I've been busy exploring and getting ready for the Dubai Yoga Festival, so I thought I'd share some photos as well as what I've learned so far.
Yesterday I talked a little about cultural difference - especially in terms of the conservative dress code that applies almost everywhere. The above posts were at each entrance of the mall, so I chose a maxi skirt, tank top, and long, loose wrap. I felt completely comfortable, and I didn't stick out at all.
Today I "bundled up" because it was raining, which hasn't happened once in three months, according to my friend who lives here and teaches at a school nearby. To clarify, it was barely a rain. More like a drizzle. And they sent the kids home early from school because of it. My friend and I are both from Connecticut, where a foot of snow wouldn't get us out of school unless there was black ice as well, and even then it'd probably just be a delayed opening. We had a good laugh about it, but apparently the drainage system isn't great here, and roads had already flooded just from the drizzle. Interesting.
The first errand of the day was to go to my friend's school to make copies of a YogaByCandace handout for the yoga festival goodie bags. The school was beautiful, the kids were adorable, and the teachers were friendly. I'm planning to do a kids' yoga class there next week, and I am really looking forward to that.
My next stop was a convention center across town. I had a bite to eat, and saw these people nearby. I was wondering what the significance of the red and white checkered headscarf was, because I noticed that some men wore them and some wore white. I've seen a few black and white checkered ones, too. The most concise answer I found was that men who wear the plain white headscarf means they haven't completed Hajj (pilgrimage to Mecca). Men who wear the black and white headscarf mean they have completed Hajj and are from a country with a president (like Egypt), while men wearing red and white have also completed Hajj and are from a country with a monarch (like Saudi Arabia). The headscarf is called a keffiyeh, and it's held in place by the black circular ropes called agal. The headscarf provides protection from the sun, and can be wrapped around the nose and mouth during sand storms. The long white robe is called a taub, and it's made of lightweight cotton, though during the winter it can be made of a darker, heavier material. (If anyone out there knows differently, please correct me!)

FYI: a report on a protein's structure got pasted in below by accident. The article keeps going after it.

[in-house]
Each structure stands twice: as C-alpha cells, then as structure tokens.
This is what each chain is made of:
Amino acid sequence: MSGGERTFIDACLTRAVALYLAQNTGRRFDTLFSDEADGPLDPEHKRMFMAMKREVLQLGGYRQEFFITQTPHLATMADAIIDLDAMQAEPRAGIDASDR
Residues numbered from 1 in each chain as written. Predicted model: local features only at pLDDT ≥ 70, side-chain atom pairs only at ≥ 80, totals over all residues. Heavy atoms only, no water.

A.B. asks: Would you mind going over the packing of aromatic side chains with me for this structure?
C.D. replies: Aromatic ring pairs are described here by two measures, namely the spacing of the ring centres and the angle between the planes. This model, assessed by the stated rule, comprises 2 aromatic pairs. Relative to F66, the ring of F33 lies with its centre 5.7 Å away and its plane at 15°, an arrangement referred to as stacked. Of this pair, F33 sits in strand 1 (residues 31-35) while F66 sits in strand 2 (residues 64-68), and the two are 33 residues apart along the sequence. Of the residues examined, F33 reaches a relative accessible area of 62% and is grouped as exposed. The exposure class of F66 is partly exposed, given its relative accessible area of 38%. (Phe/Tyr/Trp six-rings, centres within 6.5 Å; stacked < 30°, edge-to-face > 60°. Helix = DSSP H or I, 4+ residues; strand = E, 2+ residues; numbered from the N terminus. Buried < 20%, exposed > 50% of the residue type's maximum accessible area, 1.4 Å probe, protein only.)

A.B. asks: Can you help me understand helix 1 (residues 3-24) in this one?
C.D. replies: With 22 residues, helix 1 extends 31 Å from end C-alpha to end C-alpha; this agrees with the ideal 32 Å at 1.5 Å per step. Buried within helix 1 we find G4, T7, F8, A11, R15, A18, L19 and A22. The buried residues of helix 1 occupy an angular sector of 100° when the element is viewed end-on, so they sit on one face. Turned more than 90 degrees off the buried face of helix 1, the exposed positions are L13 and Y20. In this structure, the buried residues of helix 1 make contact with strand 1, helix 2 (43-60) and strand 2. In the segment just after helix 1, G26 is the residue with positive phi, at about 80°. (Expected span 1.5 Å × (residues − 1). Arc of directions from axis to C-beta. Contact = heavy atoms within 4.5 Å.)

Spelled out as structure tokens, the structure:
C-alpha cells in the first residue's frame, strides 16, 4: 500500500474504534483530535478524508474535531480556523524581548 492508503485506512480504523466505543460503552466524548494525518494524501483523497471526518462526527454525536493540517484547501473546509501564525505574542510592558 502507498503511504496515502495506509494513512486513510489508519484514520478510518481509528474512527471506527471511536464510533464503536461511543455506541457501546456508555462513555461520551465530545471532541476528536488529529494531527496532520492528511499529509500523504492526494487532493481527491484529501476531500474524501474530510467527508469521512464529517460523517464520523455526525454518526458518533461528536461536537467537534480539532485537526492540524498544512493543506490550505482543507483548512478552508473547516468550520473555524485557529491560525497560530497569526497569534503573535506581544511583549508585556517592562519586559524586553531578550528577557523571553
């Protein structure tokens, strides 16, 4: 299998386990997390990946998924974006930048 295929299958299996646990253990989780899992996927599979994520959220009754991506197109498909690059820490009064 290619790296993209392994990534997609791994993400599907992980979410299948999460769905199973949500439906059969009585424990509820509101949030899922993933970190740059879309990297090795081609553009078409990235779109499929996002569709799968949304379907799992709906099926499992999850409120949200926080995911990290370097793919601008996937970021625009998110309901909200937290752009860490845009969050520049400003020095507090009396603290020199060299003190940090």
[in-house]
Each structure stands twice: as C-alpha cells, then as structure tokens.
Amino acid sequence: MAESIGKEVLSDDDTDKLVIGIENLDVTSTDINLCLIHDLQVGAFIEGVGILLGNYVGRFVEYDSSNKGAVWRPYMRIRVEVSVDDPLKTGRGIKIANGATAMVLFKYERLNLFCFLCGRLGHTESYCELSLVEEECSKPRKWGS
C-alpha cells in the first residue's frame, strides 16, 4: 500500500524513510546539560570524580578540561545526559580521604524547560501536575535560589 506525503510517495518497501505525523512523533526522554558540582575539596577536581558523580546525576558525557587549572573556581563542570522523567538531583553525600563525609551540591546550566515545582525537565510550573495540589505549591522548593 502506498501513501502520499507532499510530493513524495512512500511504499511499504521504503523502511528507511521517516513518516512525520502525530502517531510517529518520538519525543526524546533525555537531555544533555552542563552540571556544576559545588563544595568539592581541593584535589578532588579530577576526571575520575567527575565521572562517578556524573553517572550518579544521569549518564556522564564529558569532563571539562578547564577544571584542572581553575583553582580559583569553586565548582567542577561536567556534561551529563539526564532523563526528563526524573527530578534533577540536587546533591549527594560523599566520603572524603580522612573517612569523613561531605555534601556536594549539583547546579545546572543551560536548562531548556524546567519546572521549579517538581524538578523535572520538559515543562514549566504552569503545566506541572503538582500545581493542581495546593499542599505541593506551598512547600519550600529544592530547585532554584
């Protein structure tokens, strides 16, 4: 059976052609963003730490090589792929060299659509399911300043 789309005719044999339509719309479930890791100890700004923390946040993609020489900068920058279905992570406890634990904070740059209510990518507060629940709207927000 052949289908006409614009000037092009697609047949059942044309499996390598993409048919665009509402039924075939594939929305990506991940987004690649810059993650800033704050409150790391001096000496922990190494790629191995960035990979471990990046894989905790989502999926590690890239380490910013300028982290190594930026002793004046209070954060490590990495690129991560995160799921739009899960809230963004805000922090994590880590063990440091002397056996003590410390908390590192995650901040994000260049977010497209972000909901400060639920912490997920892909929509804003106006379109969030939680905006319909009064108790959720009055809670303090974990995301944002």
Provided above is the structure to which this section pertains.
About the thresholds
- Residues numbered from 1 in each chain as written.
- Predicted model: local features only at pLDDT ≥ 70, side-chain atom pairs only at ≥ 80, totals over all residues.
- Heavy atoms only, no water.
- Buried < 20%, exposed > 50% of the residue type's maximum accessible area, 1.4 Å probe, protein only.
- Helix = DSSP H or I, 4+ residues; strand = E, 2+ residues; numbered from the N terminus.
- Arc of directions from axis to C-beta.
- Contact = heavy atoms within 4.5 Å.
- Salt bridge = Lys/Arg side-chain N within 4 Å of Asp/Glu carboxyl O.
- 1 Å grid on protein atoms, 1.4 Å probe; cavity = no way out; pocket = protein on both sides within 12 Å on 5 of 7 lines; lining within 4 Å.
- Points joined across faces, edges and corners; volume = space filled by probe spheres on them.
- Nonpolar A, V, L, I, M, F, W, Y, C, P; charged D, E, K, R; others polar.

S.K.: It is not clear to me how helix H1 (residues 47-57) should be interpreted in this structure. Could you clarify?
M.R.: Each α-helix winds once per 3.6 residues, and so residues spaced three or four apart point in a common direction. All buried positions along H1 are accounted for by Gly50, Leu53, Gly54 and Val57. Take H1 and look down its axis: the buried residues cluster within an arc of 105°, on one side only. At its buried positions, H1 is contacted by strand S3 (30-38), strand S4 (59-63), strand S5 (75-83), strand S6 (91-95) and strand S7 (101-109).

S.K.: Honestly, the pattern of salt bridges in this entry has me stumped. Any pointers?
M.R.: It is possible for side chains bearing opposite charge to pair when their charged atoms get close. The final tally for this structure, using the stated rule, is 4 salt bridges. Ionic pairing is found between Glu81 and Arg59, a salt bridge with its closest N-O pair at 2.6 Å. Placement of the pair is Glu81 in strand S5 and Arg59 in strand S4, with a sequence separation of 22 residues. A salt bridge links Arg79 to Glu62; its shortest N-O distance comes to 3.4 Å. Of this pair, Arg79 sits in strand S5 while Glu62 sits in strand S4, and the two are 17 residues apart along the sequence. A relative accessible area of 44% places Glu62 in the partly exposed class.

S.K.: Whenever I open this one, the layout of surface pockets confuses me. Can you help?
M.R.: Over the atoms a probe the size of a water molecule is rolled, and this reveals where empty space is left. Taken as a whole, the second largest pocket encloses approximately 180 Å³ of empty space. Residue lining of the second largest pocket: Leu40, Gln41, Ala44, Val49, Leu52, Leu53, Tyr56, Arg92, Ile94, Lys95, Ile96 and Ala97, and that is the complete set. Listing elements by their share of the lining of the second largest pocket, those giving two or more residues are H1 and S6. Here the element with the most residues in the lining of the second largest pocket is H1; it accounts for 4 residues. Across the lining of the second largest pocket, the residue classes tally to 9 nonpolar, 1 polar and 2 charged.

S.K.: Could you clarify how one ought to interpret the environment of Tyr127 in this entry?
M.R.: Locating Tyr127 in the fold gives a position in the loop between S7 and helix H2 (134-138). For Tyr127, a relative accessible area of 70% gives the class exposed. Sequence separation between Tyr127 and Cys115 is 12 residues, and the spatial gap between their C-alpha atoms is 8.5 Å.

Women wear the abaya, a long black robe. Some fashionistas will have it tailored so you can see the bottoms of their soles when they walk (hello, Louboutin). Yesterday, I saw a woman wearing one that was tailored so you could see her pink skinny jeans up to her knees as she walked. I've also seen some with beautiful black beadwork on the shoulders and down the arms that shimmers when it catches the light. The hijab is the headscarf, and some women cover their nose and mouth with the niqab.
Anyway, from there I went to a small grocery store nearby to pick up some lemons, and loved checking out the foods I don't normally see. I saw quail eggs, purple eggs from the Philippines, and karela from Pakistan (a bitter gourd, apparently).
What strikes me most about being here is how safe I feel. While running errands alone I felt so safe, and when I mentioned it to my friend, she confirmed my observation. No one cat calls. No one stares. No one even looks! Even the construction workers I walked by today - sorry, I know that's stereotypical, but I'd be amazed if you're a female in the US who has walked by a construction site and not heard a cat call- even they didn't say a thing. So many people looked at me in horror when I said I was coming here, but I'm happy to report that so far it is the opposite of what they had heard. I think we get brain washed by how media depicts the Middle East. Or maybe the UAE is just very different from the rest of the Middle East? Either way, I think it's important to do your own research, and not just listen to what the news says or what you hear through word of mouth.